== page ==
Future of the Left have no such quibbles, preferring instead to use oft repeating combinations of power 
chords to make their music unpredictable.  On this album this is best showcased in opener Bread Cheese, Bow and Arrow but this was also demonstrated to full effect in adeadenemyalwayssmellsgood and the superbly named Robo-Cop 4 (Fuck Off Robo-Cop).

Previous album The Plot Against Common Sense was a collection of terrific pop songs that lost a bit of the band’s customary grunge sensibilities but still maintained the cutting edge and controlled rage that are the band’s hallmark.  It was also their most complete, enjoyable and strongest collection of songs to date.

Funded by fans via Pledge the follow up How To Stop Your Brain In An Accident is perhaps a step sideways rather than a step forward.  Power chords are unapologetically back in vogue while songs like Future Child Embarrassment Matrix echo the more punk idea-track sensibilities of early Mclusky album tracks.

Johnny Borrell Afterlife would have been comfortably at home as the stand out track on The Plot Against Common Sense but feels strangely out of place in the running order of this album.  How To Spot A Record Company sounds bizarrely influenced by Blur’s Britpop bridge-too-far The Great Escape.  The first minute and a half of Bowie-esque Something Happened is haunting, unexpected and promises enormous excitement. 

Unfortunately the final two minutes are ultimately predictable and boring.

When I first heard Mclusky’s second album Mclusky Do Dallas as a spotty faced whippersnapper I was acutely aware that I either hated it or loved it.  I just wasn’t sure which.  It ended up being the only album I wanted to listen to for about a year.*

And I had a similar vehement love / hate reaction the first time I listened to this album.  I expected to love it but in truth I didn’t enjoy it as much as I anticipated.  Then I started to dislike it...

This was a frightening moment of identity loss for me.

Could it be that I had started to hate what I loved the most?

Whatever next?          

Was this the first step on a path that would end with me kicking pets, sending my friends spiteful group text messages and burning my copy of Football Manager?

Then it clicked.

There’s nothing wrong with the songs. It’s the running order of the album I don’t like.  Previous Mclusky and Future of The Left albums have been flawlessly constructed and perfectly paced.

Pacing is a key part of making a record.  It’s what makes an album an album rather than just a collection of songs.  It’s what makes Radiohead’s OK Computer a great album.

The pacing of this album is flawed.  Most noticeably the 3rd, 4th and 5th songs are simply in the wrong place.  As a man not totally unaccustomed to the occasional bout of OCD this annoyed me enough to make me want to switch it off.

Thankfully in these days of Spotify playlists I can just rearrange them.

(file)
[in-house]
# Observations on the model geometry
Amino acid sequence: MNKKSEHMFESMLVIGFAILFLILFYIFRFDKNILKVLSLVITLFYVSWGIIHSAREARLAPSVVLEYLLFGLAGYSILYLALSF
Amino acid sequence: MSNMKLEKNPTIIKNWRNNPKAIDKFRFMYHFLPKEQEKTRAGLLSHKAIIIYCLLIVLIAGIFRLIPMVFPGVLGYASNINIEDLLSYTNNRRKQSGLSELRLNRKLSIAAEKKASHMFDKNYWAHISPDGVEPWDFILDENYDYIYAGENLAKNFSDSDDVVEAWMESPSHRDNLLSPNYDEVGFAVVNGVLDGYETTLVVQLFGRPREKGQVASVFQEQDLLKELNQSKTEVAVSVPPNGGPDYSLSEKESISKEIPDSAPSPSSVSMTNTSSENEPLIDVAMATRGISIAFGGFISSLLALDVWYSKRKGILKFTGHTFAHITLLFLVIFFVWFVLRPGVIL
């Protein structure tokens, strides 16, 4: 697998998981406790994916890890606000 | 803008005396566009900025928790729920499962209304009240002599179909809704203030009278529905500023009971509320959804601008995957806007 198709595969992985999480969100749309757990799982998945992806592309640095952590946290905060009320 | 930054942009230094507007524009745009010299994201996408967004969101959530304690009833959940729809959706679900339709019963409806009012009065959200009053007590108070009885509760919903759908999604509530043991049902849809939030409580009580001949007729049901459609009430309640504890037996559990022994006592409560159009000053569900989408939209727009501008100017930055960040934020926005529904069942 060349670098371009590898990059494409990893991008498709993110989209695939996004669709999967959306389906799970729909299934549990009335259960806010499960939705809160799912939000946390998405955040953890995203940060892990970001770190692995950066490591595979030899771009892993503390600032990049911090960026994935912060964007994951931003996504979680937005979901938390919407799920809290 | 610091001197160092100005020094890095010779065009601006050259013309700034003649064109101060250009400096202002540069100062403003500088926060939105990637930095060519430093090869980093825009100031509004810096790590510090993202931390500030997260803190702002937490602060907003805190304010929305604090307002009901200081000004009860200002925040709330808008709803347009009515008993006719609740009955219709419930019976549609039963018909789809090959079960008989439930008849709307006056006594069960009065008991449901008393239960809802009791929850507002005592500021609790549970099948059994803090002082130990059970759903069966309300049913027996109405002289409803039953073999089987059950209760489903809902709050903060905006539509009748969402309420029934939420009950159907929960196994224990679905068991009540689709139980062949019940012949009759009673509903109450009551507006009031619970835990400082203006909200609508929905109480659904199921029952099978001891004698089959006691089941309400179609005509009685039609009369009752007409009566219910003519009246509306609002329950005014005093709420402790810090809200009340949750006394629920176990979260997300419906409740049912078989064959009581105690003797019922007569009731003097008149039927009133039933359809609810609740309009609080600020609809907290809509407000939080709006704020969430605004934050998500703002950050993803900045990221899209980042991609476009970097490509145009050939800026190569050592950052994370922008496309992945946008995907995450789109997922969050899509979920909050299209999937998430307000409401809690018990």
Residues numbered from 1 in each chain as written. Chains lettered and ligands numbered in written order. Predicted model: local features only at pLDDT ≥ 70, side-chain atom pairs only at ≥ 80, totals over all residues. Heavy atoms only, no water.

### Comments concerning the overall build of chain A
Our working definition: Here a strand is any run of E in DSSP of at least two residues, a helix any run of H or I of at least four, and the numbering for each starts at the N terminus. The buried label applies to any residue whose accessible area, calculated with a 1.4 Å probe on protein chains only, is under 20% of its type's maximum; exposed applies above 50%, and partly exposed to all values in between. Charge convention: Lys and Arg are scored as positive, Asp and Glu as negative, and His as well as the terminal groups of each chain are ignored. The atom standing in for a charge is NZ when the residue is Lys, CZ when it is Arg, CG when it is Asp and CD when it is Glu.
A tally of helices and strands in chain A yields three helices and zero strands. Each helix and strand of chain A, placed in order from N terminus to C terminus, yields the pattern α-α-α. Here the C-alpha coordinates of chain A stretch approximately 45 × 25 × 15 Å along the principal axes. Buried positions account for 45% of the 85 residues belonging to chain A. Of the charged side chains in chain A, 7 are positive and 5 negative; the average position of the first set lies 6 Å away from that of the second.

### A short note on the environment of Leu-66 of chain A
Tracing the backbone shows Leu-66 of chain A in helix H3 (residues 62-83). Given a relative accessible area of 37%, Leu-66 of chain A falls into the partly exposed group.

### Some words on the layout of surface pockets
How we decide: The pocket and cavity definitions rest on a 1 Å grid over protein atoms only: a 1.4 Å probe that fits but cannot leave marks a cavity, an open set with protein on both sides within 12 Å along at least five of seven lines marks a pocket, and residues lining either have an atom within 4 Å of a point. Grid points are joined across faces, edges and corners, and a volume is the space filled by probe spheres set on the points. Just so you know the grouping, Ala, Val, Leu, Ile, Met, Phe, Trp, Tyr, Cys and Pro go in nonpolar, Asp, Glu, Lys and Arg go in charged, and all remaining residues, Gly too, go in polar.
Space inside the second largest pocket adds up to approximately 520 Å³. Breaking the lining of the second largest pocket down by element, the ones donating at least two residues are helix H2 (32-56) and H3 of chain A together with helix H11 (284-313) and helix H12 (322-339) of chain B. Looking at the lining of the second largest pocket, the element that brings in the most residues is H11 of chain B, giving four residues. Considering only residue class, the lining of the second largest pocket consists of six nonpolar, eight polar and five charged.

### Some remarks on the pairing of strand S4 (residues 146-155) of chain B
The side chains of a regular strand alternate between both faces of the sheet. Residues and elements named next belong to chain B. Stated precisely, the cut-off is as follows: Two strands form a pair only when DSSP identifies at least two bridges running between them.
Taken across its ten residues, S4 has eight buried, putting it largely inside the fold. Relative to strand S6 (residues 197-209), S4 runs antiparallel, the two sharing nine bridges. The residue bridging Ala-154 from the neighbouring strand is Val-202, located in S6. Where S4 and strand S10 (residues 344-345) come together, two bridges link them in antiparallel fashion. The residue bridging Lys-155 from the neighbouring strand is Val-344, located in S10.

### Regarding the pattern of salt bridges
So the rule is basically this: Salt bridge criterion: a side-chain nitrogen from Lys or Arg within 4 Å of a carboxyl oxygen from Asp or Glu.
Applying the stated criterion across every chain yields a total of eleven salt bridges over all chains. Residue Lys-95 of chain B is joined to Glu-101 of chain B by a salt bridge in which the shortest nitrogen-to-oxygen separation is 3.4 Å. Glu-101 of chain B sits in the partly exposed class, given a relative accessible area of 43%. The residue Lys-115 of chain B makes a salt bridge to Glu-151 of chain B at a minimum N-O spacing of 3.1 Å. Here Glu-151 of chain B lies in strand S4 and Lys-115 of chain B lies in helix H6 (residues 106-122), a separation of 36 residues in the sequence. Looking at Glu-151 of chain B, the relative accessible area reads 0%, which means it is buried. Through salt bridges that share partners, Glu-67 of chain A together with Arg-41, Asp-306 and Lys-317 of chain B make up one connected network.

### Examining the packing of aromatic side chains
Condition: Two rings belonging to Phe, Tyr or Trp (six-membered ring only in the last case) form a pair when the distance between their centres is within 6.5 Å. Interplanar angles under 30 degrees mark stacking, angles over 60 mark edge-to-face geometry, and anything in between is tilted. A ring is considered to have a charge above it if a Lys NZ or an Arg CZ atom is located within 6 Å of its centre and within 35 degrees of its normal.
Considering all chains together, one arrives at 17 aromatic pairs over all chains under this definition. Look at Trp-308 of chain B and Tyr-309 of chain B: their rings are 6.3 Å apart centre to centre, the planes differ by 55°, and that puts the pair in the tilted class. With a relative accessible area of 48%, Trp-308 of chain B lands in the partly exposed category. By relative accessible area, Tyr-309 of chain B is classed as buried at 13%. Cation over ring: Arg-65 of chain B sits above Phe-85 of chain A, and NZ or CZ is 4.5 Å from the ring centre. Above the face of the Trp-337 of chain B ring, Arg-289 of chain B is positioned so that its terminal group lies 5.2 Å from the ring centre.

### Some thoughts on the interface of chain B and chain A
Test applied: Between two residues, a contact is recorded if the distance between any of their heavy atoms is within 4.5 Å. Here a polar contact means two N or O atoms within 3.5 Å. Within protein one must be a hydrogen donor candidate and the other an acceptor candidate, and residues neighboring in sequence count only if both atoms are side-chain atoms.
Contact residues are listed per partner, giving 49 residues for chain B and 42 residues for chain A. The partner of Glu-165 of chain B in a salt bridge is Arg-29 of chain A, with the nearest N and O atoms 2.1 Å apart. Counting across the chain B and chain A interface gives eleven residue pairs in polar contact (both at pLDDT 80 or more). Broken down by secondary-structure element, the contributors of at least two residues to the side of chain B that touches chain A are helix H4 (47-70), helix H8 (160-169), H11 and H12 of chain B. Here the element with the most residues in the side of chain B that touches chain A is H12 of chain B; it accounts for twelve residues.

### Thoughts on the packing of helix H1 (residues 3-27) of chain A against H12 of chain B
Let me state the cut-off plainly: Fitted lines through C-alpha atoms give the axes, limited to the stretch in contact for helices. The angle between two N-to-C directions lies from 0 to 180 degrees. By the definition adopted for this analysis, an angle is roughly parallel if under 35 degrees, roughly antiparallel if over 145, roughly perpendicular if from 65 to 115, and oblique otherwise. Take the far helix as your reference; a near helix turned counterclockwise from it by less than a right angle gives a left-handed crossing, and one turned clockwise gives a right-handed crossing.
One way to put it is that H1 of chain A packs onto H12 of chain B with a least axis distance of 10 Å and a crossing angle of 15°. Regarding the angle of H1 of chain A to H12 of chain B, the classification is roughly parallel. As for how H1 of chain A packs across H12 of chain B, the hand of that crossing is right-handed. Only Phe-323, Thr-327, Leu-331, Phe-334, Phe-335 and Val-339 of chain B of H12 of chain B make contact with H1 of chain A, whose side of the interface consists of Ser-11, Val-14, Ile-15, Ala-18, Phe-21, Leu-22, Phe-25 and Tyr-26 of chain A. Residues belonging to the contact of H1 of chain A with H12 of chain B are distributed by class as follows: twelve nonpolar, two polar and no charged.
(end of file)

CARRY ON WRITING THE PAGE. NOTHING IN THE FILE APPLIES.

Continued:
Hey Presto Bingo.  It’s one of my favourite albums.  A masterpiece.  IN THIS ORDER:

1.       Bread, Cheese, Bow and Arrow
2.       I Don’t Know What You Ketamine
3.       French Lessons
4.       Future Child Embarrassment Matrix
5.       Johnny Borrell Afterlife
6.       The Real Meaning Of Christmas
7.       The Male Gaze
8.       How To Spot A Record Company
9.       Donny of the Decks
10.   She Gets Passed Around At Parties
11.   Something Happened
12.   Things To Say To Friendly Policemen
13.   Singing Of The Bonesaws
14.   Why Aren’t I Going To Hell?

*Might have been longer than a year     

Monday, 16 December 2013

Xbox One and Playstation 4

I’ve made a number of confident predictions in my life.

Here are some randomly selected highlights: 

“That Eric Djemba-Djemba will turn out to be a terrific player”

He wasn’t.

“I bet you Portugal’s lone striker Pauleta will be the top goalscorer at the 2004 European Championships”

Played every single game.  Didn’t score a single goal.

“I think Watford will win the 2013/14 Championship and get promoted to the Premier League”

We are currently 13th and, as of today, managerless.

“I'm certain England will win the 2006 World Cup”

We didn’t.                                                                                                       

You get the idea.

Well the time has come for me to make another one. 

“I'm not convinced the Xbox One and PS4 will really catch on”.

There I said it.

We are currently experiencing a massive price crash on Xbox 360 and Playstation3 games due to those heartless bastards with jobs and those fucking awful rich children whose parents buy them entire houses trading in their consoles for the latest fancy technology. 

You’d think I’d be bitter and you’d be right.  But mainly because that’s just my default setting.  Generally this is good news for me. 

I bought ten games today for less than 50 quid.  A couple of months ago the same ten games would have probably cost me closer to £250.

When the Xbox 360 and Playstation3 came out the Xbox and Playstation2 didn’t stand much hope of surviving.  

This was down to a number of factors.

First of all HD technology was clearly about to revolutionise our television screens, and nowhere was this to have such a big impact as with gaming.  The 360 and PS3 came with built-in HDMI capability whereas the Xbox and PS2 still ran off of SCART.  The PS3 also included a Blu-Ray player, before HDTV or Blu-Rays had really even been invented.